Often, Donkey sounds like someone has tracked down the anonymous session musicians who spent the 1970s knocking out polite covers of chart hits for budget-priced Top of the Pops compilation albums and got them to have a stab at replicating CSS's sound. It couldn't seem less incongruous than when flashes of the old sharp CSS attitude occasionally appear on the album, marooned over their new rounded-off sound. "I'm gonna drink 'til I pass out, I'm gonna jump on the table and dance my ass off 'til I die," sings Lovefoxxx on Left Behind, sounding more like a woman who's already got her dressing gown on and is checking the Sky+ programme planner to see what time Midsomer Murders starts.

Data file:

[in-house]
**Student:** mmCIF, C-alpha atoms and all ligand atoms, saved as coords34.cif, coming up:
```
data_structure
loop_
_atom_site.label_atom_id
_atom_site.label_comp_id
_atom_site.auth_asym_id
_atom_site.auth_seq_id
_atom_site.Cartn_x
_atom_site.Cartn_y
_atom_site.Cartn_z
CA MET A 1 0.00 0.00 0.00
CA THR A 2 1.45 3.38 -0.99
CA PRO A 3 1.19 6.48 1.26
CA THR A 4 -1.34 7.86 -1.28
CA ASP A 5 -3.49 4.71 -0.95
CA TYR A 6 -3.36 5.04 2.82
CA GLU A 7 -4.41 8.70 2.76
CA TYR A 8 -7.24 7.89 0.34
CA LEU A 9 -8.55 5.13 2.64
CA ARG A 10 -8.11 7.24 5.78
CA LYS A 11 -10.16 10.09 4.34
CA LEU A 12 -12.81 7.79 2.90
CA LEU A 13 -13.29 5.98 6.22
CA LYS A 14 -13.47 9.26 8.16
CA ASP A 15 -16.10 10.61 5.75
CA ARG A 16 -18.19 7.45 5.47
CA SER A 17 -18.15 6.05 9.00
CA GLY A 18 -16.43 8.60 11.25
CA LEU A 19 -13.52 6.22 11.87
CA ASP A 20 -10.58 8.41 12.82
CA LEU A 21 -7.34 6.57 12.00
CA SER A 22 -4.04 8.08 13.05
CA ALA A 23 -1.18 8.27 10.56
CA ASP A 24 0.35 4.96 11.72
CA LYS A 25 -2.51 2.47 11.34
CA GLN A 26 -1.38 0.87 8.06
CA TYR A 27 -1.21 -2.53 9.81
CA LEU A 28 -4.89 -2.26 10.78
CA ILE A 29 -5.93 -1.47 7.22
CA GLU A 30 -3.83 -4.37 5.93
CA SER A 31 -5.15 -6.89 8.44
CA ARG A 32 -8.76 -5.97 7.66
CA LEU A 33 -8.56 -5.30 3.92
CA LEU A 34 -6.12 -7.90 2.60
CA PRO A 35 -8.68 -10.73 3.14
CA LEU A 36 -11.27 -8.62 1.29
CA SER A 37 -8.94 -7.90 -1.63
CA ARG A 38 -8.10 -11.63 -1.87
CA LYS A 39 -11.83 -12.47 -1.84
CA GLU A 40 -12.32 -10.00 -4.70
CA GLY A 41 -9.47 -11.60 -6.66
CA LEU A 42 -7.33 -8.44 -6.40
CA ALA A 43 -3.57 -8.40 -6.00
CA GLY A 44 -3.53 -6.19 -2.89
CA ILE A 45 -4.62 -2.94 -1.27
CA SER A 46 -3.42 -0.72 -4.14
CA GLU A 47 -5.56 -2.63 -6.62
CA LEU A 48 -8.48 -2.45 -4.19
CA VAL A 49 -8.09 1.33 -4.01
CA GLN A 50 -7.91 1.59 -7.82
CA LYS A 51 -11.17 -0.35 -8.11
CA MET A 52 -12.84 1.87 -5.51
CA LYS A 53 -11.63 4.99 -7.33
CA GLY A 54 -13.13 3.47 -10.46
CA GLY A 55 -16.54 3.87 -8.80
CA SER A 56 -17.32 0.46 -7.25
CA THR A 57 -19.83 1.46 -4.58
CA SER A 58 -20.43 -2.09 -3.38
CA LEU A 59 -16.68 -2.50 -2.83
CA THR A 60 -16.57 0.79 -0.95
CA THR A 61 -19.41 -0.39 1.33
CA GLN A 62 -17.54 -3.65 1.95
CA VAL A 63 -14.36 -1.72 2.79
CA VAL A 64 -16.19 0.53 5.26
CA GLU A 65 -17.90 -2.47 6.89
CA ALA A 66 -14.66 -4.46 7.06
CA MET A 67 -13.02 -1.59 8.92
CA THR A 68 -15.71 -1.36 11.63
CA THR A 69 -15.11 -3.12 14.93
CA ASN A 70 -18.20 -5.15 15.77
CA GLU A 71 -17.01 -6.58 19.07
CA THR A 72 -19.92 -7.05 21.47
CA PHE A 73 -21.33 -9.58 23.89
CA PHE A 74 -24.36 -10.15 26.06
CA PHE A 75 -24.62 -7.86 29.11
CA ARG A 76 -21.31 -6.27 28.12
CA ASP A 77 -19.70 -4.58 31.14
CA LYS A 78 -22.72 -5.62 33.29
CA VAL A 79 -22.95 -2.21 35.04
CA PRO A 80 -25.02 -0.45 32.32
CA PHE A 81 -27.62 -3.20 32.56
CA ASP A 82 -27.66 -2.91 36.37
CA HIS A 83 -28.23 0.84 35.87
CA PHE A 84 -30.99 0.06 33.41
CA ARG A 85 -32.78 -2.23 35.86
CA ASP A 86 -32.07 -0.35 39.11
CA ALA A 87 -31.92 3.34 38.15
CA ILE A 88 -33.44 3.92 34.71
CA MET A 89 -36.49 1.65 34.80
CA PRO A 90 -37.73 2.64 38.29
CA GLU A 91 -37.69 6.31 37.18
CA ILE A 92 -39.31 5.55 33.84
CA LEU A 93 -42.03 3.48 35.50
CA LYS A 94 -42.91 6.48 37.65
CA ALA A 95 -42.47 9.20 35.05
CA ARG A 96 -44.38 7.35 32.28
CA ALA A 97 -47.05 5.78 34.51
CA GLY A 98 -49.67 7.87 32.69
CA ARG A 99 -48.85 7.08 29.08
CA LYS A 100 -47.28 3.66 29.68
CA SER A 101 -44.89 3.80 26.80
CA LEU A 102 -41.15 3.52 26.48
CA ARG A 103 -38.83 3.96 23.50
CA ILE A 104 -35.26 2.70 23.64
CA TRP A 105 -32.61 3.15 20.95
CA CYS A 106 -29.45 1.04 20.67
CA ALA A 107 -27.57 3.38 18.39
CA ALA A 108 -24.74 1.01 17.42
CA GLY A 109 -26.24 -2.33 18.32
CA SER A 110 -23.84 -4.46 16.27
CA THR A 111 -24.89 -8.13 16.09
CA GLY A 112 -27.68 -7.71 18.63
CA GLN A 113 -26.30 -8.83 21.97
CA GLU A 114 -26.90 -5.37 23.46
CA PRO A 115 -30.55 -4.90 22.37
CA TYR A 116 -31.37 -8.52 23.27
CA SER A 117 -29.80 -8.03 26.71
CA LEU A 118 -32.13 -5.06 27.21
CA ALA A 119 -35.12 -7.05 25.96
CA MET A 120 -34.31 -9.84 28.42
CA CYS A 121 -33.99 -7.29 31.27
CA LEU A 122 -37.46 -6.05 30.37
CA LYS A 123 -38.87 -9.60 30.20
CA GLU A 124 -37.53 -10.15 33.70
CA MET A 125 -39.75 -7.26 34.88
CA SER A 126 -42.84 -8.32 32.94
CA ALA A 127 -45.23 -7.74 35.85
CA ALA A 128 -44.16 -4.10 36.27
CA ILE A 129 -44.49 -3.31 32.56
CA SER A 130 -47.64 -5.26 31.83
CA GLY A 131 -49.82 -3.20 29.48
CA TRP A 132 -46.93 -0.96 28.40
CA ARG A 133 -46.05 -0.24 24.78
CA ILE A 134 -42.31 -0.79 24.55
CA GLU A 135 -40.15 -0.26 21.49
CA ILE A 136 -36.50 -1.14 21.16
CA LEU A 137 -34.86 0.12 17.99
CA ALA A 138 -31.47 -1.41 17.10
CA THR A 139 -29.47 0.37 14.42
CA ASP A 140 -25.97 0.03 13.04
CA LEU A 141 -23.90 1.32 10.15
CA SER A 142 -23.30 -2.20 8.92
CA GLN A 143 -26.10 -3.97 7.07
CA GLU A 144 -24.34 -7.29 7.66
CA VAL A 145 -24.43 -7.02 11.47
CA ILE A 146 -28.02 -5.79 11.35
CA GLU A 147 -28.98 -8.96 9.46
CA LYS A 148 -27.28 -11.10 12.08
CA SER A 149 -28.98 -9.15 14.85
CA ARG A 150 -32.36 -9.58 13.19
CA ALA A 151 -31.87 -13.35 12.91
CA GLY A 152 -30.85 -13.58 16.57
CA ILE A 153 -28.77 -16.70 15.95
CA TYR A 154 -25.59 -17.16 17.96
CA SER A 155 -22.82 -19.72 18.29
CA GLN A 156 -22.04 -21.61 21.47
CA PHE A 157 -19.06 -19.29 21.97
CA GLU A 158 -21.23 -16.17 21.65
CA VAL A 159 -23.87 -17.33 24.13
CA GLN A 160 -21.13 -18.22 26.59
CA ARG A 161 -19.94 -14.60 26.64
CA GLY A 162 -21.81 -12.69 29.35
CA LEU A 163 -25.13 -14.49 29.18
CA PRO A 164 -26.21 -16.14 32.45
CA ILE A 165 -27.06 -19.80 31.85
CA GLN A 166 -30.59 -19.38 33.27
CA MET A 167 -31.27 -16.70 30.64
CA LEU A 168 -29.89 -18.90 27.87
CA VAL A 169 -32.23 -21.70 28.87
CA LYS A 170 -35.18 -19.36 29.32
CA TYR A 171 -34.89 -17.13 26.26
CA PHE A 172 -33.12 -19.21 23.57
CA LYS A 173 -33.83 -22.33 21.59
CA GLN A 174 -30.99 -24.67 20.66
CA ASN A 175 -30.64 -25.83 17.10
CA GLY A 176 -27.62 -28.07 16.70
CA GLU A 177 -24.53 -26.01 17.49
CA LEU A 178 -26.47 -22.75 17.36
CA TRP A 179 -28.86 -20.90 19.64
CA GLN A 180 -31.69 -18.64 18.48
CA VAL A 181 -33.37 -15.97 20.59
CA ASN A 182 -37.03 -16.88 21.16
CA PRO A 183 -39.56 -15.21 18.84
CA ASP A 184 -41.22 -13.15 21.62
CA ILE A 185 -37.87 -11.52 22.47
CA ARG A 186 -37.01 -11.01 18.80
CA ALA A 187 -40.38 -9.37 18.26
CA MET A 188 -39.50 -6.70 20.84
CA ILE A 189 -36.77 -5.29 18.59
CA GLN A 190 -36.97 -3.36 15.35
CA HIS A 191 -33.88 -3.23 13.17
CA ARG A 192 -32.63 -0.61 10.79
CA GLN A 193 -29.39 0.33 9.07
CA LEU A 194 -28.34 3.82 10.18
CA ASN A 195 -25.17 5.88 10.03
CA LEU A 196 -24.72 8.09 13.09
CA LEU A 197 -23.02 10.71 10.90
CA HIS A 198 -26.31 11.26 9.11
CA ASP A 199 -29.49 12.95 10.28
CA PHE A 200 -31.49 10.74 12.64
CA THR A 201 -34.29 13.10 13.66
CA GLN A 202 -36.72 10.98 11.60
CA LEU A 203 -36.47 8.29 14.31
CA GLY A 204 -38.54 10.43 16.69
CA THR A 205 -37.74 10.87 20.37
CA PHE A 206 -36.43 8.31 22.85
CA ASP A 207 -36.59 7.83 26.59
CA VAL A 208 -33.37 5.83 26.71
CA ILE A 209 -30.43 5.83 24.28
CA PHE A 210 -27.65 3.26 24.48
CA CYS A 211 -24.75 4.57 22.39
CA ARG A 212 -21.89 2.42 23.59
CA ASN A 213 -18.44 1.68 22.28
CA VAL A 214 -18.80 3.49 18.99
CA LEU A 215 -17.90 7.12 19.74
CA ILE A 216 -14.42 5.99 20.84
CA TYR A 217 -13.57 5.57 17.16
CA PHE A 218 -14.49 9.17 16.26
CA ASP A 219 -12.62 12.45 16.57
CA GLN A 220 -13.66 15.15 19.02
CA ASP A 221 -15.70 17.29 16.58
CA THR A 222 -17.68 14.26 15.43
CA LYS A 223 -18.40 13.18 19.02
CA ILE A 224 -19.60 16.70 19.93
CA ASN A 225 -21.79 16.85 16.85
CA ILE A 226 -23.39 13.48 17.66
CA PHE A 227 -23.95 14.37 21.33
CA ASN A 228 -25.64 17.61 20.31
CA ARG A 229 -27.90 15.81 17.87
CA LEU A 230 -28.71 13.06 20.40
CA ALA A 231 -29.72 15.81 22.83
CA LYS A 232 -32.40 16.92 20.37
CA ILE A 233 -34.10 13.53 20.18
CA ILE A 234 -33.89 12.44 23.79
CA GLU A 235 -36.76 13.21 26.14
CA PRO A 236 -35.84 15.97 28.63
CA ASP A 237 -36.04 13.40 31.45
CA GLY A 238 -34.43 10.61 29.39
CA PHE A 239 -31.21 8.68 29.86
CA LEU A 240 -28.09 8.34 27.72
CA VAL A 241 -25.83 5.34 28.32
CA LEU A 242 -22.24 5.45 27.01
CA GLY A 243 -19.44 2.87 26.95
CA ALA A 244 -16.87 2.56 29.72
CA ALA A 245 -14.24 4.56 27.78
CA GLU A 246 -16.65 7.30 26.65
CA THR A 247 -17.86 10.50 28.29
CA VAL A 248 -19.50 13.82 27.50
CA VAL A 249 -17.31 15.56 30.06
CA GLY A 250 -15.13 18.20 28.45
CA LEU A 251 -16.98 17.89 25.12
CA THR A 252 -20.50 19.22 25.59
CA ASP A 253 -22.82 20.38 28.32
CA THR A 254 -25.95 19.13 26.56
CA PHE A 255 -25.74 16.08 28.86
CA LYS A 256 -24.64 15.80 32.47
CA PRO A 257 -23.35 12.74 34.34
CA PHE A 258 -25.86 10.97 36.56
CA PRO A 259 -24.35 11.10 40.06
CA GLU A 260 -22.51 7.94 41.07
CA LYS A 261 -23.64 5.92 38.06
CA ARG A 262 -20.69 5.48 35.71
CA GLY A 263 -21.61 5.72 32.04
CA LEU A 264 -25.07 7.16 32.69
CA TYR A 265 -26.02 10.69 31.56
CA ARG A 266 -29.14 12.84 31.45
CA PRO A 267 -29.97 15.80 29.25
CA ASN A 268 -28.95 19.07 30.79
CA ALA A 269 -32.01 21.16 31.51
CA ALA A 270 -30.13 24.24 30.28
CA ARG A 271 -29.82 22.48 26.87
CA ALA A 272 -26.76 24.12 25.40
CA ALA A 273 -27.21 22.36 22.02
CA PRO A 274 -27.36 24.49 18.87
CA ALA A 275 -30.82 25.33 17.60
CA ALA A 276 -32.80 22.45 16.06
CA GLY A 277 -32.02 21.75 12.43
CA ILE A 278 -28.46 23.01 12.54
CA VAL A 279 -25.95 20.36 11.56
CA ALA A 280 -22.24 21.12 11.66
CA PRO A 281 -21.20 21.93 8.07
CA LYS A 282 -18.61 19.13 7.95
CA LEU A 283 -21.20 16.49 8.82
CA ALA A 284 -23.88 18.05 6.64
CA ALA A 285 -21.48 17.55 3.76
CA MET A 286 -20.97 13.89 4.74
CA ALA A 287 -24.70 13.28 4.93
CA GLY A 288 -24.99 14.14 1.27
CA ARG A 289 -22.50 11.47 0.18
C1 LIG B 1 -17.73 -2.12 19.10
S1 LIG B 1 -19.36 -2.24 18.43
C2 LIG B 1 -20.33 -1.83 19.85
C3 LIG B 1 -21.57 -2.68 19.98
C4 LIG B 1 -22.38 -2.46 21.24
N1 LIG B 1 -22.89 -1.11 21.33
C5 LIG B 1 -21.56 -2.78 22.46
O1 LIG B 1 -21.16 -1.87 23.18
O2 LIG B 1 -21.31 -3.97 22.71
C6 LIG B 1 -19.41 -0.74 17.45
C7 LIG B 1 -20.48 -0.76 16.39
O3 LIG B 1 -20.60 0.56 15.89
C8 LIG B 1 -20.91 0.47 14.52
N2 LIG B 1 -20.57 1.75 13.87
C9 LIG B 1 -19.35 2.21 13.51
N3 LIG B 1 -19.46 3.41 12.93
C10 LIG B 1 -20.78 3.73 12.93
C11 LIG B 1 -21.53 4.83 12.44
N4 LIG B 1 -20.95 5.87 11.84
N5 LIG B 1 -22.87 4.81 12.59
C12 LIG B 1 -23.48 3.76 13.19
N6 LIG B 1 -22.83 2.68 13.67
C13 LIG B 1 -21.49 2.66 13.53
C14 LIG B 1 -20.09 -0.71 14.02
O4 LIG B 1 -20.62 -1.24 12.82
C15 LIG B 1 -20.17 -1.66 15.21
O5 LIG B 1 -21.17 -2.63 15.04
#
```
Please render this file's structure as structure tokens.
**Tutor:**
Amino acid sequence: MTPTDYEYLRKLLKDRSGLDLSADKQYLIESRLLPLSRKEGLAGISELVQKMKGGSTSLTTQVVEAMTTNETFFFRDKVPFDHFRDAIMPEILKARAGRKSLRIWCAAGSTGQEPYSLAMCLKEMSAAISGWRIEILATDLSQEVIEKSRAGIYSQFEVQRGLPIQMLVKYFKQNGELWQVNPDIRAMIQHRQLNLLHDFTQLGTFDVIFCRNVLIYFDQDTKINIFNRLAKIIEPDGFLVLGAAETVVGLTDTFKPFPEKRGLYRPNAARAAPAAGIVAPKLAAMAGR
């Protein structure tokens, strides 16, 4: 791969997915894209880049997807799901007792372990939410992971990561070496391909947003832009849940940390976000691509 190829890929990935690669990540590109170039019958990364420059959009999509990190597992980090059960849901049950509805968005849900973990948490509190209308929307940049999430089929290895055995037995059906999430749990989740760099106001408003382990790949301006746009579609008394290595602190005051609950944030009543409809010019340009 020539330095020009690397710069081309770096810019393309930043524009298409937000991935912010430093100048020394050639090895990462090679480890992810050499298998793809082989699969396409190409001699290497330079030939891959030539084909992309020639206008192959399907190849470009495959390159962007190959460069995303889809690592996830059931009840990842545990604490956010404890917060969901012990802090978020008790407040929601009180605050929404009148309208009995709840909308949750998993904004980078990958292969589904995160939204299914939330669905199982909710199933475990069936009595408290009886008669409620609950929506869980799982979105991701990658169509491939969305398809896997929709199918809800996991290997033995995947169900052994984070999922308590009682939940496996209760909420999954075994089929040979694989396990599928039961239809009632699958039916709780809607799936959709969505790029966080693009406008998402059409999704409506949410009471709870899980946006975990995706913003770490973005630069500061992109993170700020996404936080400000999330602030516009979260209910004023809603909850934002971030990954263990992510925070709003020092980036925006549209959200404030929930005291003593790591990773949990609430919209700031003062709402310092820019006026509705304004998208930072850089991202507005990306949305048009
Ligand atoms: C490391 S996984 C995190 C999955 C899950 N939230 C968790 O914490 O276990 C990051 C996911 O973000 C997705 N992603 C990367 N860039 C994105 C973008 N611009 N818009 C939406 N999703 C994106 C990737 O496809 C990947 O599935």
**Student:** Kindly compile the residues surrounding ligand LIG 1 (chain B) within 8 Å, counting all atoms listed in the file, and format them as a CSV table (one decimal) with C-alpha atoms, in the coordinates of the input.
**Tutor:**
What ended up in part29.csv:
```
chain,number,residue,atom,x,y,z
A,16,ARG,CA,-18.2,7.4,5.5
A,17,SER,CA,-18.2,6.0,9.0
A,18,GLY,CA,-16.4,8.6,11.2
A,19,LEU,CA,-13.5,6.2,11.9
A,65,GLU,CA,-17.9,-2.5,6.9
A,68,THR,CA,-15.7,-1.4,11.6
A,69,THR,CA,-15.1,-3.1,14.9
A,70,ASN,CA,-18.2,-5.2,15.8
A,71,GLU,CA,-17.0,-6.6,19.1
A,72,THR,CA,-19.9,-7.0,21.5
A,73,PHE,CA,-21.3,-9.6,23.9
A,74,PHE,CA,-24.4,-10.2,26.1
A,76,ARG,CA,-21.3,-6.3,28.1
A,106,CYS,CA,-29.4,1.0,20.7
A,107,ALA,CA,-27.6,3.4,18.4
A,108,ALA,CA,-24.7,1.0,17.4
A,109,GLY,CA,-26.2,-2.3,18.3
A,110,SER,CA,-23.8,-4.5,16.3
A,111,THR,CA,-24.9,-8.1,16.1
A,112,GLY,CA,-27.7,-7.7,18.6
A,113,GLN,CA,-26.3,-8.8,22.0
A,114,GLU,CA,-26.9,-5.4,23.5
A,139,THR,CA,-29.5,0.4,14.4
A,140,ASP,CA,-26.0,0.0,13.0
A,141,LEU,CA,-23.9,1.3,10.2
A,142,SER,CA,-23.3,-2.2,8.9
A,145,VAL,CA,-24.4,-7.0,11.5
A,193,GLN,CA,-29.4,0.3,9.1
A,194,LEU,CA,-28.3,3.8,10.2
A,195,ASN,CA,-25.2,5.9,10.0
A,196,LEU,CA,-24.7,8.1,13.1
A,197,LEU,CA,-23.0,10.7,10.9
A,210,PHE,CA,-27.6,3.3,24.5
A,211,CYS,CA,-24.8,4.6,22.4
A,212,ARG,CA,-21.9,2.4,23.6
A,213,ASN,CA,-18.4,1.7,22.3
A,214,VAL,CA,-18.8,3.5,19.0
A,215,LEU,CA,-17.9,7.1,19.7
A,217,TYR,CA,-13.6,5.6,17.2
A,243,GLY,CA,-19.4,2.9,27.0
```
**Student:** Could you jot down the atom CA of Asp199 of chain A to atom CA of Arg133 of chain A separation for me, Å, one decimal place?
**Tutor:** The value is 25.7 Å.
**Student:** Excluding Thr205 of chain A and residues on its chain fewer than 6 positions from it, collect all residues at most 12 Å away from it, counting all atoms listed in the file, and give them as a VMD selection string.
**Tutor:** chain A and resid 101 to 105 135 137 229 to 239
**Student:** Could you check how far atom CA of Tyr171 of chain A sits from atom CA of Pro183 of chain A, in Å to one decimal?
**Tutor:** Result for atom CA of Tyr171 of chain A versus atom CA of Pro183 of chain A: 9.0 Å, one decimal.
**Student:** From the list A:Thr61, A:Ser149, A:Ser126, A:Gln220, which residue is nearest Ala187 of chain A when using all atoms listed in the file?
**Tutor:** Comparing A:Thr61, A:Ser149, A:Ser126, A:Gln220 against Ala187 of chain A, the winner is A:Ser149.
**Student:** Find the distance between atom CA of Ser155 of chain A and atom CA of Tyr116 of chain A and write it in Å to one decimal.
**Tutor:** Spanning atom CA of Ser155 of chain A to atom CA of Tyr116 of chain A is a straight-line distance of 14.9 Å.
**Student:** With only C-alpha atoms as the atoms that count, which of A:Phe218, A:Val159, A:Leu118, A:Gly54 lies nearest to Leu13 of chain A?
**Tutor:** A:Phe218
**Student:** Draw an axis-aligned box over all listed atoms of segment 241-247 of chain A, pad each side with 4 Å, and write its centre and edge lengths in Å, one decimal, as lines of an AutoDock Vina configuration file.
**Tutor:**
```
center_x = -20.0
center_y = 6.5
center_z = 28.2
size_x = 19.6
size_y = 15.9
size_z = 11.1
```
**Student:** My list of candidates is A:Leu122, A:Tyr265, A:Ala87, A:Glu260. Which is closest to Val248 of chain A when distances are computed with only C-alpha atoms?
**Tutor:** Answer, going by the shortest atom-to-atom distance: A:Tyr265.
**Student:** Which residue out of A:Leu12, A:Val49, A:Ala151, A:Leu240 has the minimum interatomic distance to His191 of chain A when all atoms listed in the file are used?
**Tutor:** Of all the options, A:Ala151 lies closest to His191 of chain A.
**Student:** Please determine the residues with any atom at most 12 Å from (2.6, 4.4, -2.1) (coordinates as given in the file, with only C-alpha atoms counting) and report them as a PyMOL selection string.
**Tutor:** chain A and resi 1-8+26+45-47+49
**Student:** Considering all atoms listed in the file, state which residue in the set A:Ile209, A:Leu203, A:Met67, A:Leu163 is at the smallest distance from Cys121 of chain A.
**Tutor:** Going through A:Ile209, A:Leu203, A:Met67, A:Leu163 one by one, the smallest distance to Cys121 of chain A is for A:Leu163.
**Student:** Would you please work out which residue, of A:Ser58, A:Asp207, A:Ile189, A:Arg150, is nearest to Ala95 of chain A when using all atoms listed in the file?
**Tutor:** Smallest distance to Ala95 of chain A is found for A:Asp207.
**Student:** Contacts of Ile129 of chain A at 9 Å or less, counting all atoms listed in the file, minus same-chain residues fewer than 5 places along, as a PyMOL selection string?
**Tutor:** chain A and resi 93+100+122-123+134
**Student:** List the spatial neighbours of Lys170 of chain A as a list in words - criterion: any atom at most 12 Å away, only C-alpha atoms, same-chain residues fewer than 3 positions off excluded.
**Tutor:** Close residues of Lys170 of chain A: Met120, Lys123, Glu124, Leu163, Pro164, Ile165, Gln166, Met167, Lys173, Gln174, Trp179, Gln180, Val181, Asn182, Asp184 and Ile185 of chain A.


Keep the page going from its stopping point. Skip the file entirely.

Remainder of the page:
Perhaps it has something to do with the way CSS have been received, particularly in the UK. As with Björk, despite the critical plaudits and high rankings on style mag cool lists, there's a touch of Clive James chuckling affectionately at the Japanese on Endurance about people's reaction to CSS: look at the crazy foreigners with their funny clothes and pidgin English song titles. You get the sense that the band's members occasionally feel they're being patronised. Shortly before her recent departure from the band, bassist Ira Trevisan told one journalist she was sick of being asked about their "Brazilian heritage", adding: "It would be good if we were Belgian." There's a sentence you don't hear every day. Maybe the idea is to prove they have more in common with their European peers than they do with their native forebears, to make music to which no one could append the word "wacky", but it's hard not to feel that becoming as boring as your average British indie band is a pretty extreme way of avoiding the odd question about Tropicalia.
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